Memories Measured in Megabytes

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Photo by Charlotte Warne

We all know how much technology has advanced in the last ten years, but we really don’t consider often enough how much it has affected our daily lives. In research groups across the country, students of varying ages have studied how cellular technology can affect our confidence, relationships, and communication skills.

We have become addicted to having the world at our fingertips. Whether checking our phones every five seconds for a new Instagram notification, or idly scrolling through our Facebook feeds, we have become a culture prone to distraction.

When Apple first launched its most popular gadgets, reviewers wrote praises in awe of the innovative advancements. Average consumers had never seen such intricately designed, yet accessible and user-friendly pieces of equipment.

The Macintoshes, iPods, and iPhones have both successively and successfully changed our society. Thanks to Siri, nobody ever has to leave a dinner table with an unsettled argument about a random fact again.

Once the initial amazement settled and companies continued to introduce newer models, the type of attention cellphones received shifted. What once was awe and excitement transformed into skepticism, and even blame. The bullying moved from the playground to the computer with the advent of this user-friendly, accessible technology.

Texting-related car accidents became the number one cause of death amongst teens.  These are just some of the negative phenomena that everyone – from psychiatrists, teachers, to parents — blames on the widespread use of technology, particularly that of cell phones.

It is such a shame. While I do acknowledge that there are damaging consequences, I can identify many ways in which cell phone use has positively influenced my life.

The other day, I was cleaning my room when I found a ‘first generation’ iPod. I remember getting that iPod for Christmas in third grade. For months, the only song I had on it was Avril Lavigne’s “Breakaway” because I couldn’t figure out how to upload more music. I listened to that song on replay until, no exaggeration, May.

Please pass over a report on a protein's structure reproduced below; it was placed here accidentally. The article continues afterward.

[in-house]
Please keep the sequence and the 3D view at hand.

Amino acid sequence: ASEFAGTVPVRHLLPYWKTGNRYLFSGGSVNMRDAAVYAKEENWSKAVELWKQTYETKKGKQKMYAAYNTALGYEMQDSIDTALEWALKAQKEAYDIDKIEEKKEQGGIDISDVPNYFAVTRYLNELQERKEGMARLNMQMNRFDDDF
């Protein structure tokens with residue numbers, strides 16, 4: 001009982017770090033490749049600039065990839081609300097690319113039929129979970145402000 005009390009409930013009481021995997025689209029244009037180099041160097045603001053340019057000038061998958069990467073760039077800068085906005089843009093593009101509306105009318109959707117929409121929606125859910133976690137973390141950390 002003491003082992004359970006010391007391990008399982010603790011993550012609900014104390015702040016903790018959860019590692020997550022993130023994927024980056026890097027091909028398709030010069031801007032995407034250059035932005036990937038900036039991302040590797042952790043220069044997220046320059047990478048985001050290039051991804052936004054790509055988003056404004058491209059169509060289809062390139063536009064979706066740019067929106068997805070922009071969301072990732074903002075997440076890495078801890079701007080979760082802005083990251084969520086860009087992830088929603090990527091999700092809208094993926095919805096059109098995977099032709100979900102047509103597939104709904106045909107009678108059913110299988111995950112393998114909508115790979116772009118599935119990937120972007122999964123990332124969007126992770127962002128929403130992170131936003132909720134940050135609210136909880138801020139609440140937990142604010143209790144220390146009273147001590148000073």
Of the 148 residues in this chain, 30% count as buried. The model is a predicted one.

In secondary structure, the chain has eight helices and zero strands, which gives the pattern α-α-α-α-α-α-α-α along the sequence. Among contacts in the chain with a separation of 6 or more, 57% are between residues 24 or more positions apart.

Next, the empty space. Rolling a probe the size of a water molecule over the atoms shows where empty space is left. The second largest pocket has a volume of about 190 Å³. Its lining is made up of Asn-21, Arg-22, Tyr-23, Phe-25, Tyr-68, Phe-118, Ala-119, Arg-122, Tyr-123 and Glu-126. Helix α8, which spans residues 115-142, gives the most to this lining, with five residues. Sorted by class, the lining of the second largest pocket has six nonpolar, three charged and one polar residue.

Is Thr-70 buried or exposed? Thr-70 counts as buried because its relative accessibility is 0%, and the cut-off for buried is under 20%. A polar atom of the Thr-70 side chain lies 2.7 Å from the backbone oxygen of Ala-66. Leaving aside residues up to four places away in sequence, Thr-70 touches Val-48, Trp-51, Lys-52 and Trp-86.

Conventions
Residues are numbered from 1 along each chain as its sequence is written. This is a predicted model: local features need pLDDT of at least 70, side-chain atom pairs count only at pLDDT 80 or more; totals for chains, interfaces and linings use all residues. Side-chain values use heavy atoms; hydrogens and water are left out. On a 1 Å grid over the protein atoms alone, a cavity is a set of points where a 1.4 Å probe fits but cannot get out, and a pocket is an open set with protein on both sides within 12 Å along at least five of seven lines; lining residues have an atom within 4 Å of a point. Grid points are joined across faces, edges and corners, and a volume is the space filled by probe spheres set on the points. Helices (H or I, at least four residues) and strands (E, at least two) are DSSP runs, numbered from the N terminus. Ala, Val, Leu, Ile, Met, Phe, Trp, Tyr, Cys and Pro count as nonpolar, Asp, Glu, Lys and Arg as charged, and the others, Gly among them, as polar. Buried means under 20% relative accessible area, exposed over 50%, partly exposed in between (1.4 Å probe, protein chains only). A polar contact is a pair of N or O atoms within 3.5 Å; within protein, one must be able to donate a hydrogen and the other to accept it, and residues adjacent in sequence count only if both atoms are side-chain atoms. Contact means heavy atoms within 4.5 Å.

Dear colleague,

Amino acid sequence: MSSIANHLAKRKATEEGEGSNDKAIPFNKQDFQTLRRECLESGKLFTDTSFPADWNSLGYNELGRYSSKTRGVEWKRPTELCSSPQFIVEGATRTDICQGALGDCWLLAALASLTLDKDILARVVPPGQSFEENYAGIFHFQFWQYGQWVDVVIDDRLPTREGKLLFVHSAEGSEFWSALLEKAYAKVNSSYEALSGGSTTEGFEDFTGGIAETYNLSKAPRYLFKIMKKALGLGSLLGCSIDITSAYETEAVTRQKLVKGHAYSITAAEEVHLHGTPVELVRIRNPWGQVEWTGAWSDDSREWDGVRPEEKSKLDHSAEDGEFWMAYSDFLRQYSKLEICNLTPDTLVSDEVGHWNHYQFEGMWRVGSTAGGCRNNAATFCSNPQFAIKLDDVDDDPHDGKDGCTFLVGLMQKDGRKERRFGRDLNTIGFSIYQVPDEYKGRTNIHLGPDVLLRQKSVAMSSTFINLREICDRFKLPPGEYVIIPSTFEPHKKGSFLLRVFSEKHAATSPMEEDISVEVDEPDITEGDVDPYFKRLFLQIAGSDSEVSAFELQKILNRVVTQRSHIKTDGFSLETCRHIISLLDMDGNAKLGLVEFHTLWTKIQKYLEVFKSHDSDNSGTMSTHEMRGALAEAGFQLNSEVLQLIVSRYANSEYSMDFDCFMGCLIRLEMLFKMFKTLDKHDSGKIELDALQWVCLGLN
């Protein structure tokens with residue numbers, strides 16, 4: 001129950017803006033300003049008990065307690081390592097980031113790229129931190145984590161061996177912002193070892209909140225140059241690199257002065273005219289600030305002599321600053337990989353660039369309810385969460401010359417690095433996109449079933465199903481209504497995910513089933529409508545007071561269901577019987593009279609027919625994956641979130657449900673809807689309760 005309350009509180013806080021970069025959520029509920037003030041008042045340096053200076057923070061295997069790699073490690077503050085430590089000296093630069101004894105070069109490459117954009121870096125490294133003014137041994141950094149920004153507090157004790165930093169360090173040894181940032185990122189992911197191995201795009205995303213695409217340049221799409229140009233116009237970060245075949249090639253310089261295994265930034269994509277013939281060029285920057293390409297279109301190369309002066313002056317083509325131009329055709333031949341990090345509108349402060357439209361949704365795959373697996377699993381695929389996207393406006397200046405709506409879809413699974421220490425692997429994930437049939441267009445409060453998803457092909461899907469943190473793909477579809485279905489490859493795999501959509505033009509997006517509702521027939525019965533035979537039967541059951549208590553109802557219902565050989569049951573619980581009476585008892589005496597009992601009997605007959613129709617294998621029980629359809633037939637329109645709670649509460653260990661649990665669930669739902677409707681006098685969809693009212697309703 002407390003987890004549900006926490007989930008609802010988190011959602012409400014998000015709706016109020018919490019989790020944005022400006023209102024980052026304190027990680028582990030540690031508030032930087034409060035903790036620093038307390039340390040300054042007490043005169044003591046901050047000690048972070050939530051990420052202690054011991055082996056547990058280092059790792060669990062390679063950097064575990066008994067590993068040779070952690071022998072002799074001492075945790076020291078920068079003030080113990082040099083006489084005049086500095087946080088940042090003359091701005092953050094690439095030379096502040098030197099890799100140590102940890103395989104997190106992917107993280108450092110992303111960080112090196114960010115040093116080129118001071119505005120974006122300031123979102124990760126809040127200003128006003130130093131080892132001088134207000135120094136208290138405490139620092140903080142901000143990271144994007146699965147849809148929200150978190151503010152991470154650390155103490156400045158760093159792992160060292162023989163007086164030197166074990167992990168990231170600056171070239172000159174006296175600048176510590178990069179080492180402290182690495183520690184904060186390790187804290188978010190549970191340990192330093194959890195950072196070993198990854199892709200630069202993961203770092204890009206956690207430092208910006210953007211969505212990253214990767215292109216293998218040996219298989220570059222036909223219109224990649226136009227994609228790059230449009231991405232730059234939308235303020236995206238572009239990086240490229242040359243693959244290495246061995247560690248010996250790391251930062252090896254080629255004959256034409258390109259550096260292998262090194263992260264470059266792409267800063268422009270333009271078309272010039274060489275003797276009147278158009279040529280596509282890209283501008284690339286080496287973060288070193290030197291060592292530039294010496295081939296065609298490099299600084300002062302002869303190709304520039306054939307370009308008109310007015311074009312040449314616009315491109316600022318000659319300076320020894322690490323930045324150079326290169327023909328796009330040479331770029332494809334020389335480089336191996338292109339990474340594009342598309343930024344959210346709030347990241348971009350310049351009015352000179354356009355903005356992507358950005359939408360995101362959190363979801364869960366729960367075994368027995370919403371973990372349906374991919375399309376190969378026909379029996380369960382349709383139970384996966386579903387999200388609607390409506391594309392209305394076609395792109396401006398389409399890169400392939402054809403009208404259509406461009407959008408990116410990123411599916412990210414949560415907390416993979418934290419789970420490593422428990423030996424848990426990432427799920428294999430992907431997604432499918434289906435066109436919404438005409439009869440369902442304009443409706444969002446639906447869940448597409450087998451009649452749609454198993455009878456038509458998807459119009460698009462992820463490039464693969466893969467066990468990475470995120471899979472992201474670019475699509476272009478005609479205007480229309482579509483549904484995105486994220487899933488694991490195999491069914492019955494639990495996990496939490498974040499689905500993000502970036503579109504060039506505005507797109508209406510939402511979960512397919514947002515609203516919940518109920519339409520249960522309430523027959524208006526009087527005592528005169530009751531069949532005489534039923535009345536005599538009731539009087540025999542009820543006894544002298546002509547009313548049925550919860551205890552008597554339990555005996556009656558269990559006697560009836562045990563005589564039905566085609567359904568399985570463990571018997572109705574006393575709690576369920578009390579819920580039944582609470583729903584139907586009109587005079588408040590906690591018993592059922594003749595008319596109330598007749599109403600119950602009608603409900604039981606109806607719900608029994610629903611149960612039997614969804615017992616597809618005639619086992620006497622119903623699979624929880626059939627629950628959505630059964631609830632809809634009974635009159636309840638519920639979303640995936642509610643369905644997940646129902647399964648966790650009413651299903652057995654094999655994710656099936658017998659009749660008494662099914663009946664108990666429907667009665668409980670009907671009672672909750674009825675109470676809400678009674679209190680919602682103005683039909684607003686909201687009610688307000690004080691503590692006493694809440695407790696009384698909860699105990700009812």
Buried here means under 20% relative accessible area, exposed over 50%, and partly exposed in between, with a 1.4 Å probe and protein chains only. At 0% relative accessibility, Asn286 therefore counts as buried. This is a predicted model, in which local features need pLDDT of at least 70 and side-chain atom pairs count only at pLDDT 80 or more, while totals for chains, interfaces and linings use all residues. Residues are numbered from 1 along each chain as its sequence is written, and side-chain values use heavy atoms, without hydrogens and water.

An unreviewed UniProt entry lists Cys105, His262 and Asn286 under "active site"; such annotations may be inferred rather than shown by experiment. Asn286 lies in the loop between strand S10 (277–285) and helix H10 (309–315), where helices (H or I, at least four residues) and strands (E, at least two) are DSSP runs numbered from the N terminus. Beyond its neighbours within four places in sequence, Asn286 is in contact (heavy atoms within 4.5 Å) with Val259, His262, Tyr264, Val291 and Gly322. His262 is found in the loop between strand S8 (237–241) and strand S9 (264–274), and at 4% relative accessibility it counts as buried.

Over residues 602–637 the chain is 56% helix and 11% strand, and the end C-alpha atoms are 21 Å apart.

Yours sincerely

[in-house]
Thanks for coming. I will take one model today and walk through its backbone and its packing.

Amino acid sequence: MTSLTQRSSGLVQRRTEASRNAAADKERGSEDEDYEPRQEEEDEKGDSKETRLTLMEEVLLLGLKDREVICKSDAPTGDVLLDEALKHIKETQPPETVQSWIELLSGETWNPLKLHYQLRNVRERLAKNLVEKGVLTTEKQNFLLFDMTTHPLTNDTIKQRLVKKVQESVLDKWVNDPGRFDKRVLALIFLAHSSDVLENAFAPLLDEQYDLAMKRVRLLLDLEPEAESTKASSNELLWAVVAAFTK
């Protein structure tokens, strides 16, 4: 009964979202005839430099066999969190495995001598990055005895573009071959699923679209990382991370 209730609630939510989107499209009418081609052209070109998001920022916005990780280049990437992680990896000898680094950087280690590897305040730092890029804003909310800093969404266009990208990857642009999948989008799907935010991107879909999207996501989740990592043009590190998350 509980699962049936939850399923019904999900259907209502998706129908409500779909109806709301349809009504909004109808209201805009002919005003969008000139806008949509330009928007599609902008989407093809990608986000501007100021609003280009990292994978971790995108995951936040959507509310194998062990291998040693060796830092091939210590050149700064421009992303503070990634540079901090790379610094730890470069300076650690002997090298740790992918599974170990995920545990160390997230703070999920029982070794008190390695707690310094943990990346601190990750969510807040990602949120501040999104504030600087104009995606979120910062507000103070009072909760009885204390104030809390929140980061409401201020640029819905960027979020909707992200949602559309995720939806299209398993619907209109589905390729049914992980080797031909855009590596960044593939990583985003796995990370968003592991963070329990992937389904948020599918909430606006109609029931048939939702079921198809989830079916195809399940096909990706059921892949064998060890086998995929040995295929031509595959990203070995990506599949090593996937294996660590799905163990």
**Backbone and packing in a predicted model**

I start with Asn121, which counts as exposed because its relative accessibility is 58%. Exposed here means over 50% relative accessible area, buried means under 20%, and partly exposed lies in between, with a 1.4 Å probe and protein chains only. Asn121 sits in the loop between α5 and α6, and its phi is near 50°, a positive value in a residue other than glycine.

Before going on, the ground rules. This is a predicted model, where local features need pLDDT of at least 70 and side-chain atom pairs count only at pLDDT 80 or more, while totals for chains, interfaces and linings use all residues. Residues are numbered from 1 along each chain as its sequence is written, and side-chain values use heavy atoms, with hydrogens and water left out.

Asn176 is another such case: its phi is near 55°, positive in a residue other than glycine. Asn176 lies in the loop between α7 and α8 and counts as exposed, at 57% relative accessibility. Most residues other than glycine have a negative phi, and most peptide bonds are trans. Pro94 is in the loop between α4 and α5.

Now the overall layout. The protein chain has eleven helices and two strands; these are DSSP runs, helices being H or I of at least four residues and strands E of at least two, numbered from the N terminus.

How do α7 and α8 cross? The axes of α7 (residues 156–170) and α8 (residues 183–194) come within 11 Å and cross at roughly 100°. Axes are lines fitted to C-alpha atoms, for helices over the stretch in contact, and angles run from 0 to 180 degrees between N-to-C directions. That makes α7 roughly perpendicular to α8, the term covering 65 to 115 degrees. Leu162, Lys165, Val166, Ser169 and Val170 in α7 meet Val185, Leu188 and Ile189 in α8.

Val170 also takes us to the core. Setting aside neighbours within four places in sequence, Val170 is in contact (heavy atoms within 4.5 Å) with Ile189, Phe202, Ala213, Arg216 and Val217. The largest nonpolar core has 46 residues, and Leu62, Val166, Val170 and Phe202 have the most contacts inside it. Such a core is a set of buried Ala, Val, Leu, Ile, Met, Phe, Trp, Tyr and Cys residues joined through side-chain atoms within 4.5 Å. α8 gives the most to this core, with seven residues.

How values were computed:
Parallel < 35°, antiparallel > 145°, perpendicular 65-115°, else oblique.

I loved music, and I could finally bring it with me anywhere. In the car, my parents were in charge of the radio but I was in control of what song was playing now. (Even though there was only one song on it.)  I would dance around my house with my headphones in, belting “Breakaway.”

I had everyone in my family humming that song by the end of that school year. The first song I ever sang on stage at Parkway Elementary School’s talent show was, sure enough, “Breakaway.” That was the first time I had ever performed on stage, and I immediately fell in love.

I most likely would have fallen in love with music regardless of whether or not iPod and iPhone technology existed, but I do not think I would have endured the same thrill. The point is Apple has given individuals personal relationships with their technology. No one else was listening through my headphones, just me.

Today, I spend hours on my phone. Whether I am posting a picture to Instagram or listening to music, I am carving my relationship with the world from my small device. It brings me joy when people like my photos on Facebook or Instagram, or when I receive links to funny videos because it shows that they are thinking of me.

Some may say that the growth of this cyber world has created impersonal relationships, but I think people are closer than ever. Whenever important news breaks, the channels of social media disseminate the information to all corners of the world at a rate faster than ever before.

I have had three generations of the iPhone. Even though I’ve changed tremendously from update to update, the first thing I always do when I get my new iPhone is download “Breakaway.”

That personal memory I have of my first apple gadget reminds me that the benefits of this new technological and cellular age far outweigh the consequences.